#3: Failing to ask for help.
Have you ever began studying your course material, only to realize that you lack a basic understanding of it? Just like our point on adequate note-taking, asking for help in comprehending study material is imperative if you hope to pass a course with flying colors – or at all. For most of us, this is easier said than done, though. So, slip this study resolution into your agenda by asking more questions in class, and when confusion strikes, be proactive and schedule one-on-one time with your professor or TA. They’ll be glad that you asked for clarification before the 11th hour, and you’re sure to come away from the meeting with a better grasp of the material. Plus, a chat with your prof can do wonders for your anxiety! Now, that’s what we call a win-win!
#2: Practicing poor time management.
Time is money, and when you’re a college student, this couldn’t be more accurate – after all, you’re paying thousands of dollars to spend four years at your institution of choice and earn a degree for your efforts. That’s why it’s crucial that you practice time management, in an effort not to undermine the financial investment you’re making. Turn a blind eye to how you’re spending in-class time, free time, and study time, and you’ll exacerbate issues, like poor sleep quality, stress, and declining grades. You might even develop what’s known as “chronic procrastination,” which affects roughly 1 in 5 people and can stick around throughout your entire life. So, do your future self a solid, and get a hold of your less-than-stellar time management skills now, while you’re still forming lifelong habits.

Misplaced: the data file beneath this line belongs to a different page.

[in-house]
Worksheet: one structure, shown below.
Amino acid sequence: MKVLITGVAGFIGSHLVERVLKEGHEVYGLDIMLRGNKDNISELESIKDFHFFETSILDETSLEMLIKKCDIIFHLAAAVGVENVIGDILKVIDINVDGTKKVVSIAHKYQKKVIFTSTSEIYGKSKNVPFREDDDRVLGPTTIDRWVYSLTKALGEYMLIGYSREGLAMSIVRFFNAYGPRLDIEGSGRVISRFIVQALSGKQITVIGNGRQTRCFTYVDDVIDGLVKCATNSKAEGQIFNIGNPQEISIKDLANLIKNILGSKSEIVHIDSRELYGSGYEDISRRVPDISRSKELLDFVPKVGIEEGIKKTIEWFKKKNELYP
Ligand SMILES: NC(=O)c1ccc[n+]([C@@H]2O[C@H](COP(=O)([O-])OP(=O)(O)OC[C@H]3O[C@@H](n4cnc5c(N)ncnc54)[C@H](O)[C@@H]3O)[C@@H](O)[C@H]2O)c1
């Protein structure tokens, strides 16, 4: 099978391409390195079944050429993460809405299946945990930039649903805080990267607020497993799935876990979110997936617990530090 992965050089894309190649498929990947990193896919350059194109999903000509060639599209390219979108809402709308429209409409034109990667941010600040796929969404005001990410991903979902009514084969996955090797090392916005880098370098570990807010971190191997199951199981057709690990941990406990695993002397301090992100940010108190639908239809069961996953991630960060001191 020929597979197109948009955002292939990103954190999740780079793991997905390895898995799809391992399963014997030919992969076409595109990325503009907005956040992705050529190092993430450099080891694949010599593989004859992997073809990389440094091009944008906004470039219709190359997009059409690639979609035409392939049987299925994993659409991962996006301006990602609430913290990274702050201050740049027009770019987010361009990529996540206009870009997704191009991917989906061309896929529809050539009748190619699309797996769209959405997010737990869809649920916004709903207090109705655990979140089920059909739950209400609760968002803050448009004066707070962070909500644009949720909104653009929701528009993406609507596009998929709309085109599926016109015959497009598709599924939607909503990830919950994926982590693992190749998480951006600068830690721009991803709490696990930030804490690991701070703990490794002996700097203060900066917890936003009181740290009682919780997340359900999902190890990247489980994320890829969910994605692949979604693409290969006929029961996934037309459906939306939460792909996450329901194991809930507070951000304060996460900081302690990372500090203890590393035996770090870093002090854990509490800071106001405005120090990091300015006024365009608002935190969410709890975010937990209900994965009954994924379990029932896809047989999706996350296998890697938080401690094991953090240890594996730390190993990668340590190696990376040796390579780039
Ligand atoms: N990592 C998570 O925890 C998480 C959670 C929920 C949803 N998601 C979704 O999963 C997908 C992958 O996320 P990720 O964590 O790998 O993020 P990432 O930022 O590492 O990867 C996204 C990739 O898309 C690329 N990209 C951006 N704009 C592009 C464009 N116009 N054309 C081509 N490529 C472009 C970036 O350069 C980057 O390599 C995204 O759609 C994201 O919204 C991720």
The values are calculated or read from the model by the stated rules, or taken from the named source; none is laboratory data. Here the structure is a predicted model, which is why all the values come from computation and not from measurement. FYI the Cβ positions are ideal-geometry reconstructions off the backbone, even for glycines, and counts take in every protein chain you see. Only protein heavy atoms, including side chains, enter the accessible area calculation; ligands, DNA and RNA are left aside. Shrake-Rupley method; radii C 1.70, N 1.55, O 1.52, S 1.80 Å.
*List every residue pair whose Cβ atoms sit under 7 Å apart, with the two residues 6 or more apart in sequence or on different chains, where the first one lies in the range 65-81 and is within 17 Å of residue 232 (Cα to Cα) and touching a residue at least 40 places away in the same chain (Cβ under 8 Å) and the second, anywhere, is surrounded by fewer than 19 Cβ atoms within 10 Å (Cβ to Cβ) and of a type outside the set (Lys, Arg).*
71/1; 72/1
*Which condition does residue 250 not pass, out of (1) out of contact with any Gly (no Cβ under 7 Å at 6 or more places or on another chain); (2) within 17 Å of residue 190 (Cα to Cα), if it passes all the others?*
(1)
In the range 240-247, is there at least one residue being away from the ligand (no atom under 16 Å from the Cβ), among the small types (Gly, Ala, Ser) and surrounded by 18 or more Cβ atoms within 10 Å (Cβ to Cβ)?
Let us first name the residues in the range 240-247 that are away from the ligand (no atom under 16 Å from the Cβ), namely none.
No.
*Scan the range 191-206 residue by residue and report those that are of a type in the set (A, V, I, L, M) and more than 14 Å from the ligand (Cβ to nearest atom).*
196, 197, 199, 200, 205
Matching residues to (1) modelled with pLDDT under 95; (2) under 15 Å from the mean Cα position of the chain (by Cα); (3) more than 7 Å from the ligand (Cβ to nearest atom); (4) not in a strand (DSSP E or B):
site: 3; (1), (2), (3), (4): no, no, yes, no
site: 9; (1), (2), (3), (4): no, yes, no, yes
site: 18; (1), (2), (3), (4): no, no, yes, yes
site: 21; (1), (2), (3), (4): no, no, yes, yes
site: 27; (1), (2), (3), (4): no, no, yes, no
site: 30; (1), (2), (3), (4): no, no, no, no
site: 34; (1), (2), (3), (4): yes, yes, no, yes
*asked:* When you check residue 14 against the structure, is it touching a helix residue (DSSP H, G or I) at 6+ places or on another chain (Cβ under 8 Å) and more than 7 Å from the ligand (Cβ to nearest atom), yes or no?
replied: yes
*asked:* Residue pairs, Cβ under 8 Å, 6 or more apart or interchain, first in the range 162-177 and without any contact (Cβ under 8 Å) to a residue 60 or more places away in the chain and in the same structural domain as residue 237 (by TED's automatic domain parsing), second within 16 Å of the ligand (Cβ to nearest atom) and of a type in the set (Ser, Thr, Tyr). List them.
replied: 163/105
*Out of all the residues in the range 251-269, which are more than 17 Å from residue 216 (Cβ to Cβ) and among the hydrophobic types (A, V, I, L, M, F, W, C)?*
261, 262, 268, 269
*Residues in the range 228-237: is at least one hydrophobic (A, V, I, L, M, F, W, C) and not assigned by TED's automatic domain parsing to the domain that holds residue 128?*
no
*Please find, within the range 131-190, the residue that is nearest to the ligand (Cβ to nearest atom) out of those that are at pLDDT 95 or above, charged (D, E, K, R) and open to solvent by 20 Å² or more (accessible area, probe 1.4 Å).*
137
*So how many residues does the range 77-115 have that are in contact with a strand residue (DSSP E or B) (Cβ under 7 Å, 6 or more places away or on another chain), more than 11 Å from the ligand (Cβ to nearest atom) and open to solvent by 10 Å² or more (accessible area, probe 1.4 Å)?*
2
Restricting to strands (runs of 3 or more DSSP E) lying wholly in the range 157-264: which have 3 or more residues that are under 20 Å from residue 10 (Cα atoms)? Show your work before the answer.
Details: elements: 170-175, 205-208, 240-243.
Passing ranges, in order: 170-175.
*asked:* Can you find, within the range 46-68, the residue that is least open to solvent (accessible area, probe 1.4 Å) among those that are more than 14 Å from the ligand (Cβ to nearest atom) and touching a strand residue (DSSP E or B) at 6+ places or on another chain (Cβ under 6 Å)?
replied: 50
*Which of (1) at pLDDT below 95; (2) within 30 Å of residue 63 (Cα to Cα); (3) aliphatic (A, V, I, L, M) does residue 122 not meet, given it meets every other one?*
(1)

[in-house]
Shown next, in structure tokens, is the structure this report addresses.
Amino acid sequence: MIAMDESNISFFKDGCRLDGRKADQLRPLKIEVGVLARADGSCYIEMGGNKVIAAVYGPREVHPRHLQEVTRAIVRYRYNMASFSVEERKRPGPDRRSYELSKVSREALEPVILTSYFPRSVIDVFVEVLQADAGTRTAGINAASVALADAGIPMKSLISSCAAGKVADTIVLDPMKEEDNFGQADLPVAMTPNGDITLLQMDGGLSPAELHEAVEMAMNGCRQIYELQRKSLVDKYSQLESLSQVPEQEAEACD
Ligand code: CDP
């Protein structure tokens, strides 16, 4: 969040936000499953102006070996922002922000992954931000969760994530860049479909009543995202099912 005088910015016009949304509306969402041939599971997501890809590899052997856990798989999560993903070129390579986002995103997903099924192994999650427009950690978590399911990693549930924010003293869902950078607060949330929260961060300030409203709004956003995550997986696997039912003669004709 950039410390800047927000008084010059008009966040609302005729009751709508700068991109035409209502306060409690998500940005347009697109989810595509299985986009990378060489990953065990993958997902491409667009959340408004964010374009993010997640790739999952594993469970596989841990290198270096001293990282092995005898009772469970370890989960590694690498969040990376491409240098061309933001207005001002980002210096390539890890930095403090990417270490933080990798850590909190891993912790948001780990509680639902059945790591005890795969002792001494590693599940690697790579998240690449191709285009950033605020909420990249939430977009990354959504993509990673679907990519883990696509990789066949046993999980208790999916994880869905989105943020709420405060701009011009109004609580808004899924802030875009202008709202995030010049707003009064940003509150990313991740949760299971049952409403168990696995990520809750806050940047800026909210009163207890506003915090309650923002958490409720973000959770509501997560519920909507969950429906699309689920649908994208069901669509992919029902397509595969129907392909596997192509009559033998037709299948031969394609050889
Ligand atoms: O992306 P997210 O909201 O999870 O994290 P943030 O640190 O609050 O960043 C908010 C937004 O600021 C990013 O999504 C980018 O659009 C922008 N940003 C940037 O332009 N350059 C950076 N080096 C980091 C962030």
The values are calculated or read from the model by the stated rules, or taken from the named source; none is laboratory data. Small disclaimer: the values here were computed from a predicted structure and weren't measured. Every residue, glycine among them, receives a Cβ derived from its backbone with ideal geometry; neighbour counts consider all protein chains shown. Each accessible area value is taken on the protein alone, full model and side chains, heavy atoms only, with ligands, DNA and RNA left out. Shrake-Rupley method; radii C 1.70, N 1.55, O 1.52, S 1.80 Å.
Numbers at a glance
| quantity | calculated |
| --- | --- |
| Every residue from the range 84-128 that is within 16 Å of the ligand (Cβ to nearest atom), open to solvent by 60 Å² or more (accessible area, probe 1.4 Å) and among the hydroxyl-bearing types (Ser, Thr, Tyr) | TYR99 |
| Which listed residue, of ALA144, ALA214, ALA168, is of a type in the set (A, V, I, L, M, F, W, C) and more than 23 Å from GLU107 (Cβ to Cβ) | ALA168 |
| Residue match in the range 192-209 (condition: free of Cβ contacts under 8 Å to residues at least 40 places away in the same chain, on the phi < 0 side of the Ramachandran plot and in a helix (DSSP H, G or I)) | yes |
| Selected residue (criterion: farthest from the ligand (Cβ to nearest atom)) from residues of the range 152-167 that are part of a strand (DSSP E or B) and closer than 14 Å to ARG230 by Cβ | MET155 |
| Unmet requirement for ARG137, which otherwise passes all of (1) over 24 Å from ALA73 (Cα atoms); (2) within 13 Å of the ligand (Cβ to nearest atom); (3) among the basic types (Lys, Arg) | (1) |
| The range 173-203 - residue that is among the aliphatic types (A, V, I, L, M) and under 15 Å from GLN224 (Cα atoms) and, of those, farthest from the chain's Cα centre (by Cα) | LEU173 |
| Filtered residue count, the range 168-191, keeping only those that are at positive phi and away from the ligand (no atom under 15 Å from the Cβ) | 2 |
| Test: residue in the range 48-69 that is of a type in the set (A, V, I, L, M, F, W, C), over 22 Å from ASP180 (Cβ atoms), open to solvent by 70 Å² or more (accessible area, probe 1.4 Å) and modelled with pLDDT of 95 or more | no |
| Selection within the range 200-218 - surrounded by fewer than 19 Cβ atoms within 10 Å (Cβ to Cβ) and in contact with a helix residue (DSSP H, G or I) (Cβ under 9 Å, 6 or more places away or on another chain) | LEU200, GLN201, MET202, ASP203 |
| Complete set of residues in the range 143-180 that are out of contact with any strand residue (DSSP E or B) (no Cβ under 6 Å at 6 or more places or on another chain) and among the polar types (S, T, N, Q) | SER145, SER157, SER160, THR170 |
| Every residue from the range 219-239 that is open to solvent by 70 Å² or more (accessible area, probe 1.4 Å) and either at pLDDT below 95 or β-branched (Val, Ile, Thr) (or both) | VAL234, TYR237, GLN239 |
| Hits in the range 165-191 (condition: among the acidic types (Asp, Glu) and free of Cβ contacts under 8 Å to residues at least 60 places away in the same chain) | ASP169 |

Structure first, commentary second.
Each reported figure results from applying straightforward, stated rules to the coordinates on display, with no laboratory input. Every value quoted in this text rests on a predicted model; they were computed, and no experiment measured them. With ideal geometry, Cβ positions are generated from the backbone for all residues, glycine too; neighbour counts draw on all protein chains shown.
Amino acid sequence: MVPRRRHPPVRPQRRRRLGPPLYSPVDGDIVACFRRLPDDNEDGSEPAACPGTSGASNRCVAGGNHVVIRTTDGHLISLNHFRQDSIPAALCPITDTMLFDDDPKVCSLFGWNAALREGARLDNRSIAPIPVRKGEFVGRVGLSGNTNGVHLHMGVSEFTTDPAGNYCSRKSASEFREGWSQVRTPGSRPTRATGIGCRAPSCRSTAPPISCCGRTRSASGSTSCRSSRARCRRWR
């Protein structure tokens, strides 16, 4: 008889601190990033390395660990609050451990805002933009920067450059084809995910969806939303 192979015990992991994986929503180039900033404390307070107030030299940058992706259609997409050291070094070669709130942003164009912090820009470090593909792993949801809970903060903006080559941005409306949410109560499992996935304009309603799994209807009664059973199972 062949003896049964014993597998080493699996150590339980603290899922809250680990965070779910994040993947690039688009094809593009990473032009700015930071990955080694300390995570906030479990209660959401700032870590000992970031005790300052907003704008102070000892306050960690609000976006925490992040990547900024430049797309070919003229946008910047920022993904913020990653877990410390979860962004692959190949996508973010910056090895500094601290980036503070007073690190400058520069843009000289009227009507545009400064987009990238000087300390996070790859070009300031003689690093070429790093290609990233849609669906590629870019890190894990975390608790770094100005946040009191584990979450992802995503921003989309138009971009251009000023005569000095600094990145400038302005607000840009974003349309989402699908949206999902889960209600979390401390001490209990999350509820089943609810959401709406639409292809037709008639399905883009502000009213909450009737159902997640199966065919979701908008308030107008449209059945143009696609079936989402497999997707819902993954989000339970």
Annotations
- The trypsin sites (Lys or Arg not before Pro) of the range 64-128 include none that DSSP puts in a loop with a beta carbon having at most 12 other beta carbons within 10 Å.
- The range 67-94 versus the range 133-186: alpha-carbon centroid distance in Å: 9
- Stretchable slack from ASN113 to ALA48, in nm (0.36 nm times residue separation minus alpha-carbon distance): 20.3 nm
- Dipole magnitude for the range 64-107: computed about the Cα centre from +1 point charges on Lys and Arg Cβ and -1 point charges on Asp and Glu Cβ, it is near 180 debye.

#1: Studying for retention instead of understanding.
Imagine this: it’s the night before a huge test that could make or break your mid-semester grade. You’ve set aside time for studying, but you’ve also got several other assignments to complete before the night is through. So, in an effort to maximize productivity, you resort to yet another study habit to leave in 2019: studying solely to recall information, instead of genuinely learning the material—AKA “cramming.” According to one Columbia University study, students, who often rely upon cramming, experience more academic anxiety than students who refrain from the habit. A separate study by Arkansas State University found that students who crammed for an exam couldn’t recall the material mere days after the test. Clearly, relying upon quick fixes like cramming will only set you up for failure in the long run. After all, you still have the final exam to pass – and doing so will be so much easier if you replace so-called memory hacks with good, old-fashioned understanding.
Studying isn’t exactly a college student’s favorite pastime, but it is a necessary evil if you hope to graduate college with a good GPA and a rock-solid resume. Unfortunately, many college students fall victim to the same bad study habits year-in and year-out – but it doesn’t have to be this way! With some help from your pals at uCribs, you can make 2020 the year that you kick those bad study habits to the curb and replace them with ones that will carry you through college and beyond. Go get ‘em, tiger – we believe in you!